Linked by Thom Holwerda on Fri 2nd Oct 2009 17:33 UTC
Red Hat Red Hat has filed an amicus brief with the United States Supreme Court. In the brief, Red Hat explains the practical problems of software patents to software developers. The brief, filed in the Bilski case, asks the Supreme Court to adopt the lower court's machine-or-transformation test and to make clear that it excludes software from patentability.
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Comment by Praxis
by Praxis on Sat 3rd Oct 2009 00:58 UTC
Praxis
Member since:
2009-09-17

I like patents, in fact I like the patent system is much better than the copyright system (in theory). The only issue is that software isn't patentable under any sane system. You can't patent algorithms and that what software code is when you get down to it. If any Judge was even the least bit familiar with software this would be obvious but by and large they aren't. Business method patents are just as insane but it looks like people caught onto that a little bit faster. Once you start issuing crappy patents though the system starts breaking down. Its really doesn't appear set up to handle disputed patents beside companies suing each other in hugely expensive court battles. Get rid of software and business method patents and you would clear out of good deal of the crap in the system, then set up a better review process for invalidating disputed patents and we would have a return to sanity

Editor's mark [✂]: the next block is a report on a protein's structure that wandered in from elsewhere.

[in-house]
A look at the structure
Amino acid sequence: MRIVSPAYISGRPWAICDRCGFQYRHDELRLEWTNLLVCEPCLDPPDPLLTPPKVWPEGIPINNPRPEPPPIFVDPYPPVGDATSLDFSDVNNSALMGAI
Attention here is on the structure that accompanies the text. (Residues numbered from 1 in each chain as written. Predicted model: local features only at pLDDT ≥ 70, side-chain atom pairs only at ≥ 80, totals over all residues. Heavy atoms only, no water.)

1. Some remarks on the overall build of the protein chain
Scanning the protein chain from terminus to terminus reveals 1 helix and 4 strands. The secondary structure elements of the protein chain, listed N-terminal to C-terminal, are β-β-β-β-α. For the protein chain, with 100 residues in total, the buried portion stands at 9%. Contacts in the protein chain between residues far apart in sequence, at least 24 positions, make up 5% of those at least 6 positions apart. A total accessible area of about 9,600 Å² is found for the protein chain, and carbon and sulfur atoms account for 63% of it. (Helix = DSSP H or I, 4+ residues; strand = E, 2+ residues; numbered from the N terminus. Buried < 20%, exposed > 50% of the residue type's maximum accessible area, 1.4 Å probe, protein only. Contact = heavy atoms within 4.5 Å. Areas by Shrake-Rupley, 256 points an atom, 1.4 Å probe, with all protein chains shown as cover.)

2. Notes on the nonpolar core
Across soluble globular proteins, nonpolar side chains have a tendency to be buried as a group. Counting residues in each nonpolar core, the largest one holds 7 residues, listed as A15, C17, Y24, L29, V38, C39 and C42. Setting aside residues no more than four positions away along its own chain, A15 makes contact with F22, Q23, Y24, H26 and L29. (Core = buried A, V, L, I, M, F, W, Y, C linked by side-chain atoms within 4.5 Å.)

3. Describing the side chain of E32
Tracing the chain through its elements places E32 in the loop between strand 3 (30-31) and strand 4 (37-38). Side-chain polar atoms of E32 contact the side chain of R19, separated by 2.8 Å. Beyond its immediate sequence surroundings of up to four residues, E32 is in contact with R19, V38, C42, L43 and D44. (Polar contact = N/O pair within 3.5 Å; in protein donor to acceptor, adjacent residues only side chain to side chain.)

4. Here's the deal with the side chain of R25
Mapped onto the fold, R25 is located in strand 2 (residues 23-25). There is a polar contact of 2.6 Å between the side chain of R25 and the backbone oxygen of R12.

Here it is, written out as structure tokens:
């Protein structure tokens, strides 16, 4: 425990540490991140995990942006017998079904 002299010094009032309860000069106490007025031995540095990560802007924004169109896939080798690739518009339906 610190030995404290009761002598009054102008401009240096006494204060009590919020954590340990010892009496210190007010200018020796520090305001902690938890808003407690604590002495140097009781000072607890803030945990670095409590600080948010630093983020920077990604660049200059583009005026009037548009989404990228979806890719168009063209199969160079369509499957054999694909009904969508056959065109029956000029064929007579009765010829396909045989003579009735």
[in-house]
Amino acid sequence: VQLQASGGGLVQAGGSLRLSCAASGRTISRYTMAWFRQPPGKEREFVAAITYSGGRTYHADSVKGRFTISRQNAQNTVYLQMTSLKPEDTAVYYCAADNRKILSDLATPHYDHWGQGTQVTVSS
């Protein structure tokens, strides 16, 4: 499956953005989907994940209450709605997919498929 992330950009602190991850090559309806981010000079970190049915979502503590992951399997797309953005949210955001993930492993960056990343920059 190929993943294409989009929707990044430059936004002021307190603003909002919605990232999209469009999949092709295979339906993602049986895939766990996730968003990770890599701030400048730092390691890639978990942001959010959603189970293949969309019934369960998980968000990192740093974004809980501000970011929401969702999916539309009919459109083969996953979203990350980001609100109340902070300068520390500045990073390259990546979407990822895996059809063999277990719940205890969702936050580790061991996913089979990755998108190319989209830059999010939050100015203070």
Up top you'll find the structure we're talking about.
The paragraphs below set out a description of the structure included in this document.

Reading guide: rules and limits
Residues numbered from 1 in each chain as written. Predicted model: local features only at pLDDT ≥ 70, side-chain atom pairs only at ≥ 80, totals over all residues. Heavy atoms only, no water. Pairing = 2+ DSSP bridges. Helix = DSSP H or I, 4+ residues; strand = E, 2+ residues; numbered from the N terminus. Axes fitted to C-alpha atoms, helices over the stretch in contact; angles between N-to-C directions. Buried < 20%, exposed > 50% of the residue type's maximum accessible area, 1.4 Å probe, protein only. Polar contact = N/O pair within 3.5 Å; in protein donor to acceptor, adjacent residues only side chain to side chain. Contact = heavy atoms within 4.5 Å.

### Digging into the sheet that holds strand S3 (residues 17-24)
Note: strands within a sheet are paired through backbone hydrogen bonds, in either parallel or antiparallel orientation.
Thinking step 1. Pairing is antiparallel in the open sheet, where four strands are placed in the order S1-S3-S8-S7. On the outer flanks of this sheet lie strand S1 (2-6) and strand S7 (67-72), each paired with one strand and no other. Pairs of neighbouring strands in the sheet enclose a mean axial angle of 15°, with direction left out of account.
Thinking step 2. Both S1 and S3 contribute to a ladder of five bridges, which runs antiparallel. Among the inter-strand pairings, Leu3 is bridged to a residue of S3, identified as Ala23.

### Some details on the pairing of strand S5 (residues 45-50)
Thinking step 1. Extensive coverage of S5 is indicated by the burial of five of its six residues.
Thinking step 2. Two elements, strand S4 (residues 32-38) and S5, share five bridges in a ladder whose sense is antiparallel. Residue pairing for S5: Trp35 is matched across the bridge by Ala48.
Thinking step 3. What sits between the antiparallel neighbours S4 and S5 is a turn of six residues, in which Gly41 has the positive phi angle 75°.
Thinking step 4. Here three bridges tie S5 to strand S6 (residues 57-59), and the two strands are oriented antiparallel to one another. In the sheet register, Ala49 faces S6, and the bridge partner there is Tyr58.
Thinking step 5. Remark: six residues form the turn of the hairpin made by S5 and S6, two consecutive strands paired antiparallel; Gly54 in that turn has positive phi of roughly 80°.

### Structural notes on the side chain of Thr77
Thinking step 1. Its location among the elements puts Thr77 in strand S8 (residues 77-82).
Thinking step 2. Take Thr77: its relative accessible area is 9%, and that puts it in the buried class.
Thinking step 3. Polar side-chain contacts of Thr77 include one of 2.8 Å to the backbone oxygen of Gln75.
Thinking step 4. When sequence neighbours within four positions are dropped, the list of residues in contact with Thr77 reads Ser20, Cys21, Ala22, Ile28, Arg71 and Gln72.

Edited 2009-10-03 00:58 UTC

Reply Score: 1